Tag: E.E. Burke

E.E. Burke Is Dreaming of Christmas

EE Burke headshotTwo Brides, Three Wishes…an unforgettable Christmas

Thanks so much for having me back to visit. I’m eager to share about this Western historical romance Christmas collection that’s topped numerous lists at Amazon, including Historical and Western Romance.

 

 

 

amobcc-thumbnailAn American Mail-Order Bride Christmas Collection

 

Victoria, Bride of Kansas (#1 Amazon Bestseller)

Jilted society miss Victoria Lowell travels a thousand miles to marry a suitor whose romantic letters won her heart, unaware she’s been corresponding with the groom’s sister. The man she believes she loves isn’t the one she meets. In fact, he isn’t even expecting her. When the truth finally comes out, it will take a miracle to deliver a happily ever after.

 

Santa’s Mail-Order Bride

On a mission to bring toys to orphans for Christmas schoolteacher Maggie O’Brien is forced to go to her brother’s fiercest business competitor for help. Though he agrees, his benevolent gesture holds one catch—she must find him a bride. Will the love of a determined suitor and the spirit of the holiday capture the matchmaker’s heart?

 

The Christmas Wish

In this short story, a young orphan who has never known love gets his Christmas wish.

 

Some fun facts about this Christmas project

 

Victoria, Bride of Kansas, which became an Amazon bestseller, started as part of an unprecedented project with 45 other authors, the American Mail-Order Brides series. This book, about a lonely socialite who travels over a thousand miles to find true love, was a finalist in the 2016 Booksellers’ Best Awards and a semifinalist in the Kindle Best Book awards.

 

In this story, we meet a little girl, Fannie, who is mute. She hasn’t spoken since her mother left her two years earlier. Desperate to communicate with the troubled child, Victoria gives her a treasured doll and teaches her sign language.

 

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Where did Victoria learn sign language? At the first American School for the Deaf in Hartsford, Conn., which opened its doors in 1817. Within forty years of the opening of the Hartford school, more than twenty other schools for the deaf had been established, the majority residential, teaching manual sign language.

David O’Brien doesn’t react well to Victoria teaching his daughter how to sign. If she doesn’t speak again and relies on sign language, he fears she will be excluded. His feelings reflect the general consensus of the time, which was fired by a fierce debate over the best way to teach the deaf to communicate. “Oralists” argued that the deaf should be taught to read lips and speak (English) in order assimilate into the broader society. Even Alexander Graham Bell, better known for his invention of the telephone, advocated banning sign language. Fortunately, cooler heads prevailed and the deaf were taught both sign language and lip reading.

 

Santa’s Mail-Order Bride is the top-rated sequel. I couldn’t let Victoria’s meddling sister-in-law remain a spinster! This well-intentioned matchmaker has plans for a scheming Santa that backfire, with unexpected consequences. And yes, Virginia, there is a Santa Claus. I can’t wait for you to meet him.

 

This story incorporates a number of American Christmas traditions, including the beloved character of Santa Claus. Our version of Santa may appear contemporary, but the venerable gift-giver has a long history.

 

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Santa started with a real person. Saint Nicholas, born in the 3rd century in a village in present-day Turkey, is said to have spent his inheritance to help the needy, and he had a special love for children. It’s from his generous nature we get a gift-giving Santa.

 

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Fast forward to 18th century America where immigrants from Holland brought with them the tradition of Sinterklaas, who became “Santa Claus.” Woodcuts distributed in 1804 show images of an old man in a robe and long white beard filling colonial stockings with fruit and toys.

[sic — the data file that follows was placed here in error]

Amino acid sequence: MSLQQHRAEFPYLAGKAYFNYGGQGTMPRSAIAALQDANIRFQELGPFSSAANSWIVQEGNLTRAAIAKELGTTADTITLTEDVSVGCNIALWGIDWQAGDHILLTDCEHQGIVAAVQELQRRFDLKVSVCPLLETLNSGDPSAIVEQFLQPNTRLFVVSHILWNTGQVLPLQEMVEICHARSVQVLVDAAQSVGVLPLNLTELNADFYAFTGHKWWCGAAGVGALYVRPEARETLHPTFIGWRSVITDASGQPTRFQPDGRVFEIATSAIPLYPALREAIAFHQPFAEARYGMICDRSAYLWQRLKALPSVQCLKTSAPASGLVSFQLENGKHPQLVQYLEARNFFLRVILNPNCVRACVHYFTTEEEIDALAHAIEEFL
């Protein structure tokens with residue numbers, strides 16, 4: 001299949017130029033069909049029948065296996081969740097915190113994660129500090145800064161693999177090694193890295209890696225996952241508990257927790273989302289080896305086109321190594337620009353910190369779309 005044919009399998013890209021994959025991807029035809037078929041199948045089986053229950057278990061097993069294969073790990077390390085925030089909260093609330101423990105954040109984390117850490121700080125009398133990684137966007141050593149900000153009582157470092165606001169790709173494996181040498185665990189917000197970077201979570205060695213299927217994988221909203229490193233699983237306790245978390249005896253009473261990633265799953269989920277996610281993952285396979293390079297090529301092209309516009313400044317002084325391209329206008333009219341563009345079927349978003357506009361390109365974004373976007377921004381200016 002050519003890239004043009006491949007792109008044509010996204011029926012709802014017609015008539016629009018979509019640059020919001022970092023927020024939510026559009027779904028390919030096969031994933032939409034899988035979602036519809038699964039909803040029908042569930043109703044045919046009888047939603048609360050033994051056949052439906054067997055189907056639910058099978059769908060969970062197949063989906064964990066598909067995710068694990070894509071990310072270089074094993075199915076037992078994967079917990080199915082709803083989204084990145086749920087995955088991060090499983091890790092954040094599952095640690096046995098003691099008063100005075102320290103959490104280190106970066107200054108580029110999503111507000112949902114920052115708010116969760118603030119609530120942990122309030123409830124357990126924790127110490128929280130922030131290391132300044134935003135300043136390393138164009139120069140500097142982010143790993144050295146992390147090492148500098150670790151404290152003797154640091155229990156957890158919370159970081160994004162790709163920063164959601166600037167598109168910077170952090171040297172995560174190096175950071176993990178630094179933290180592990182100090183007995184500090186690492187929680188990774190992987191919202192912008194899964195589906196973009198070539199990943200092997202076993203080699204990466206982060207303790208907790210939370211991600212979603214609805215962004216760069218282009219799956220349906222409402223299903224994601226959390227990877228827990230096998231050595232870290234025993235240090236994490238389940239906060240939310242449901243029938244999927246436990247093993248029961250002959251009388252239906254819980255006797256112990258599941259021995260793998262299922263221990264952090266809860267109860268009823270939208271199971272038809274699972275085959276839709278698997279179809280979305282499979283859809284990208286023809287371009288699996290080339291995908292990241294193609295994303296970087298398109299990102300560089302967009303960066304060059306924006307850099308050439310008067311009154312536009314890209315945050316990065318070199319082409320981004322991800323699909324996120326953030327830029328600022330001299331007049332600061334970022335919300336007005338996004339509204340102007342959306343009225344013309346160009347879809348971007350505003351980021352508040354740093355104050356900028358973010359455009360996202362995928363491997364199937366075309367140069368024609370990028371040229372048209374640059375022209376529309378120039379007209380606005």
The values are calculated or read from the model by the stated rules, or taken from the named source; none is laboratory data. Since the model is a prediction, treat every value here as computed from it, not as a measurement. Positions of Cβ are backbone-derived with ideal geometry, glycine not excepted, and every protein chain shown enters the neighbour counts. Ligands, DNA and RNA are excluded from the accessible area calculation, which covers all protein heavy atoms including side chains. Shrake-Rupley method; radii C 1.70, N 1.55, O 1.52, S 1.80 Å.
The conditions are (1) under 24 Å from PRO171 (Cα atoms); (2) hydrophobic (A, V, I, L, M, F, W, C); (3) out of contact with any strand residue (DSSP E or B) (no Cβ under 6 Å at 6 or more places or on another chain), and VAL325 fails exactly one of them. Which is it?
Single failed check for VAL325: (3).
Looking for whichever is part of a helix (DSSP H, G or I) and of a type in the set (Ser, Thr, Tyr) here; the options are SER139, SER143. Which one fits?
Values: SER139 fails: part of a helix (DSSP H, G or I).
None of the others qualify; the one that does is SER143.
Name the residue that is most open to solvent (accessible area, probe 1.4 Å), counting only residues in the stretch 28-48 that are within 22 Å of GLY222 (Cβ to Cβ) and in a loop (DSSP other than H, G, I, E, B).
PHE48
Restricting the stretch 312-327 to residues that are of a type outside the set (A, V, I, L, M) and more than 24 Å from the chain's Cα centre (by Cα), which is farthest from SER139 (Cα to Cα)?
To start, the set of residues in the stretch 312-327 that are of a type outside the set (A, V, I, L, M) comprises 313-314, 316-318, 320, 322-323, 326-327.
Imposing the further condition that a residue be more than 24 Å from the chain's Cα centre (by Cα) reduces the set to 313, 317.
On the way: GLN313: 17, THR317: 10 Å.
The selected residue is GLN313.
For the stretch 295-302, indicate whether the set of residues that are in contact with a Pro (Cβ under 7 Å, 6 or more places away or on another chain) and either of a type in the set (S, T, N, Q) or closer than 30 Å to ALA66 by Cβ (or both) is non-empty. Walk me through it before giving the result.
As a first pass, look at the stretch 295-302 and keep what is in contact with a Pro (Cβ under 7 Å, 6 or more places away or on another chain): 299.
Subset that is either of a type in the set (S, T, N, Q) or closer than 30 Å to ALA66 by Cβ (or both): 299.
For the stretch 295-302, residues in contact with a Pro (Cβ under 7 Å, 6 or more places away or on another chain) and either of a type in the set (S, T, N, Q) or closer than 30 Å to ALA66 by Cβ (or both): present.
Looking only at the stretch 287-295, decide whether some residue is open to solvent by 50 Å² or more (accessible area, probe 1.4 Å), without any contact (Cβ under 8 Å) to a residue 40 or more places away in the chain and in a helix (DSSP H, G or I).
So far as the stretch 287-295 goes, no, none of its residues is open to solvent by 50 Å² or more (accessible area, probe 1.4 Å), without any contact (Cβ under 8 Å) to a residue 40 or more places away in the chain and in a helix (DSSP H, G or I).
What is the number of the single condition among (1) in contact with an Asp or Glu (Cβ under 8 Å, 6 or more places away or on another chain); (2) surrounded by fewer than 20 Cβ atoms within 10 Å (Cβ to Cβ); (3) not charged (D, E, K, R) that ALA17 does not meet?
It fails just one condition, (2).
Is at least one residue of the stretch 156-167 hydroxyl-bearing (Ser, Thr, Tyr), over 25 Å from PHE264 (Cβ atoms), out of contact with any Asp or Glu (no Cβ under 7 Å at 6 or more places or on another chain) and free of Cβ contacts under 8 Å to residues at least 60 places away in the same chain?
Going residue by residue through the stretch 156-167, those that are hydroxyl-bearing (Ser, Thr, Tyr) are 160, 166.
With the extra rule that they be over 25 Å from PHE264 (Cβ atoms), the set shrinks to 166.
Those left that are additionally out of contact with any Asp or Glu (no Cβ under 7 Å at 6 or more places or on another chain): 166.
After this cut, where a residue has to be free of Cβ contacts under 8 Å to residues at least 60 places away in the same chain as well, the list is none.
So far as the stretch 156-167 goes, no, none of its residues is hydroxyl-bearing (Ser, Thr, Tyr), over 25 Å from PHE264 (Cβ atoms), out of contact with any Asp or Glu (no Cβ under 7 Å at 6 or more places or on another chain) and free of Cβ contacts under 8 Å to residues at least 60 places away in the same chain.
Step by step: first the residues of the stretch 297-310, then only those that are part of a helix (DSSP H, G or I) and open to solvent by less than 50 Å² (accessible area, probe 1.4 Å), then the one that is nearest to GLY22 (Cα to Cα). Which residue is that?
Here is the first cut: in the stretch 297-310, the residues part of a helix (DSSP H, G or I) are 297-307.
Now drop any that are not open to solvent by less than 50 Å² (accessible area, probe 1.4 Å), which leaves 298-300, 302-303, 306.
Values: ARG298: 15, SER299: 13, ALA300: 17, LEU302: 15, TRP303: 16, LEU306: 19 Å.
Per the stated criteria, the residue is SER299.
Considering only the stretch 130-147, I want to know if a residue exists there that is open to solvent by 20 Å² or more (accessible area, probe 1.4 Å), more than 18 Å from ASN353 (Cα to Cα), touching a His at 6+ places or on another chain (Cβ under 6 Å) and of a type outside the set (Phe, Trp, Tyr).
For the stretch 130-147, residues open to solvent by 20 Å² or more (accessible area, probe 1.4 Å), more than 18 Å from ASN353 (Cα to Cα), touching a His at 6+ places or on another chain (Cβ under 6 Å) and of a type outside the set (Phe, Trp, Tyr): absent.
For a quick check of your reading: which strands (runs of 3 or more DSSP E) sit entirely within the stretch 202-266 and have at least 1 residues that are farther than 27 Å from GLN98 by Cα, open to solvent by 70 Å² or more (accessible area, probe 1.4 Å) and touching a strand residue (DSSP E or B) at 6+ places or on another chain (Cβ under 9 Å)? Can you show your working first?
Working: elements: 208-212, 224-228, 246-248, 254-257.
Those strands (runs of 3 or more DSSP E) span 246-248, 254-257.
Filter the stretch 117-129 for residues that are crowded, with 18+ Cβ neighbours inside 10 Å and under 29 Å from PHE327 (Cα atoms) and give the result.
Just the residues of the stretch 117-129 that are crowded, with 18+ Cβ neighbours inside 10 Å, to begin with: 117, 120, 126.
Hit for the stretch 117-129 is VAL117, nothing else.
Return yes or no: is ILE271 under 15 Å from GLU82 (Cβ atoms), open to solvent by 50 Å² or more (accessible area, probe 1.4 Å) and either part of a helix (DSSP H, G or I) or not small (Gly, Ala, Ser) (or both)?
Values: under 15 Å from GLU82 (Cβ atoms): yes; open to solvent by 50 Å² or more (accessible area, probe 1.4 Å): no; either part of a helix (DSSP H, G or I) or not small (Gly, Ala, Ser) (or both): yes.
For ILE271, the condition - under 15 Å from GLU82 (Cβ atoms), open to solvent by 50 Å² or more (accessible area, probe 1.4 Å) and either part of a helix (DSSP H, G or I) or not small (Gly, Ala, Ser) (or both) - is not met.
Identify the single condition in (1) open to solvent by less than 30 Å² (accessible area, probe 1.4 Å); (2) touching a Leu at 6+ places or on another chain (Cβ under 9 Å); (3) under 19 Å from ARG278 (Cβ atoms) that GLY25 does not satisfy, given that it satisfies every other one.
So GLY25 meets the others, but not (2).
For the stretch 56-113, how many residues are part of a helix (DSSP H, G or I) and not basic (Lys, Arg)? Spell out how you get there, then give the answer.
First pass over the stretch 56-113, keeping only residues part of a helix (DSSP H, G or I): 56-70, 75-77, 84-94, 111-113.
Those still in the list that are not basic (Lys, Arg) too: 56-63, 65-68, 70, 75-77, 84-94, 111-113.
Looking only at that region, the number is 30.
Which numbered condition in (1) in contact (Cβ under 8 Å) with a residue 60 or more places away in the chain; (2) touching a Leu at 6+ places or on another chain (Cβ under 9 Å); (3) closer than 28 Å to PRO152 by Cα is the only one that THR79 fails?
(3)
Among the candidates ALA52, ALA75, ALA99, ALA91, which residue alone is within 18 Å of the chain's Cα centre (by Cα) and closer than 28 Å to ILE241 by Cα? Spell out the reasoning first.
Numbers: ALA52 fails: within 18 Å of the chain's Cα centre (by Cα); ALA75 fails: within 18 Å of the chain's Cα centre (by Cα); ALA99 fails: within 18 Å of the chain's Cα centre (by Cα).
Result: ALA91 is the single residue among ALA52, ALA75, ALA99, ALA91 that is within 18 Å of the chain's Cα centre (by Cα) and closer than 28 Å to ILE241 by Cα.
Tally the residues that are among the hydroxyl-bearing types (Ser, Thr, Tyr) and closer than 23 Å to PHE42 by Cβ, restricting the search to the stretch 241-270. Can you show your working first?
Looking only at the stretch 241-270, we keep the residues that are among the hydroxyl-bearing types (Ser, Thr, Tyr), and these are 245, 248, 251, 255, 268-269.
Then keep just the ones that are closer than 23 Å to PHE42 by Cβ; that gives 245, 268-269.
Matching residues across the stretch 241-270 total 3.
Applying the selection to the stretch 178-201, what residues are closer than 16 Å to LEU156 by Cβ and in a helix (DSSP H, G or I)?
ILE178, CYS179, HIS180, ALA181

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In 1823, an anonymous poem (later acknowledged to have been penned by Clement Clarke Moore, an Episcopal minister), took the legend another step. Entitled An Account of a Visit from St. Nicholas or The Night Before Christmas. Moore’s poem is largely responsible for the image of Santa Claus as a “right jolly old elf” with a portly figure and the supernatural ability to ascend a chimney with a nod of his head. This is also where we first have references of flying reindeer and Santa’s sleigh.

 

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But we have American artist Thomas Nast to thank for the richest legends we have today surrounding Santa Claus. From 1863 through 1886, Nast contributed 33 Christmas drawings to Harper’s Weekly with references to Santa. Here is the most familiar Santa “portrait” he did in 1881. It is Nast who gave Santa his familiar suit, his North Pole workshop, the elves and his wife, Mrs. Claus.

America’s Victorians were very familiar with Santa and his legend. Department store Santa’s popped up at the end of the 19th century and early 20th century.

In fact, the hero in my book, who owns a general store, plays Santa in a parade. He wears what was traditional garb for Santa back then: a long green cape and stocking hat and a long flowing beard.

Santa’s on parade became a popular theme in towns and cities, and in the 1930s, Santa received “contemporary” red costume.

 

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Yes, Santa’s reputation reaches far back in history, and at the heart of his character we find love and generosity, and a special kind of magic that makes the world a better place.

 

You can pick up your copy of An American Mail-Order Bride Christmas Collection for only 99 cents until Christmas.

Amazon: http://amzn.to/2fkw7e9

Nook: http://bit.ly/AMOBCCNook

Apple: http://bit.ly/AMOBCCApple

Google: http://bit.ly/AMOBCCApple

Kobo: http://bit.ly/AMOBCCKobo

Here’s a video to get you in the mood for this heartwarming Christmas read.

 

 

What gift did you treasure when you were a child? Commenters on this post will be entered into a drawing for a free copy of the audiobook, Santa’s Mail-Order Bride (US or UK), or the free eBook.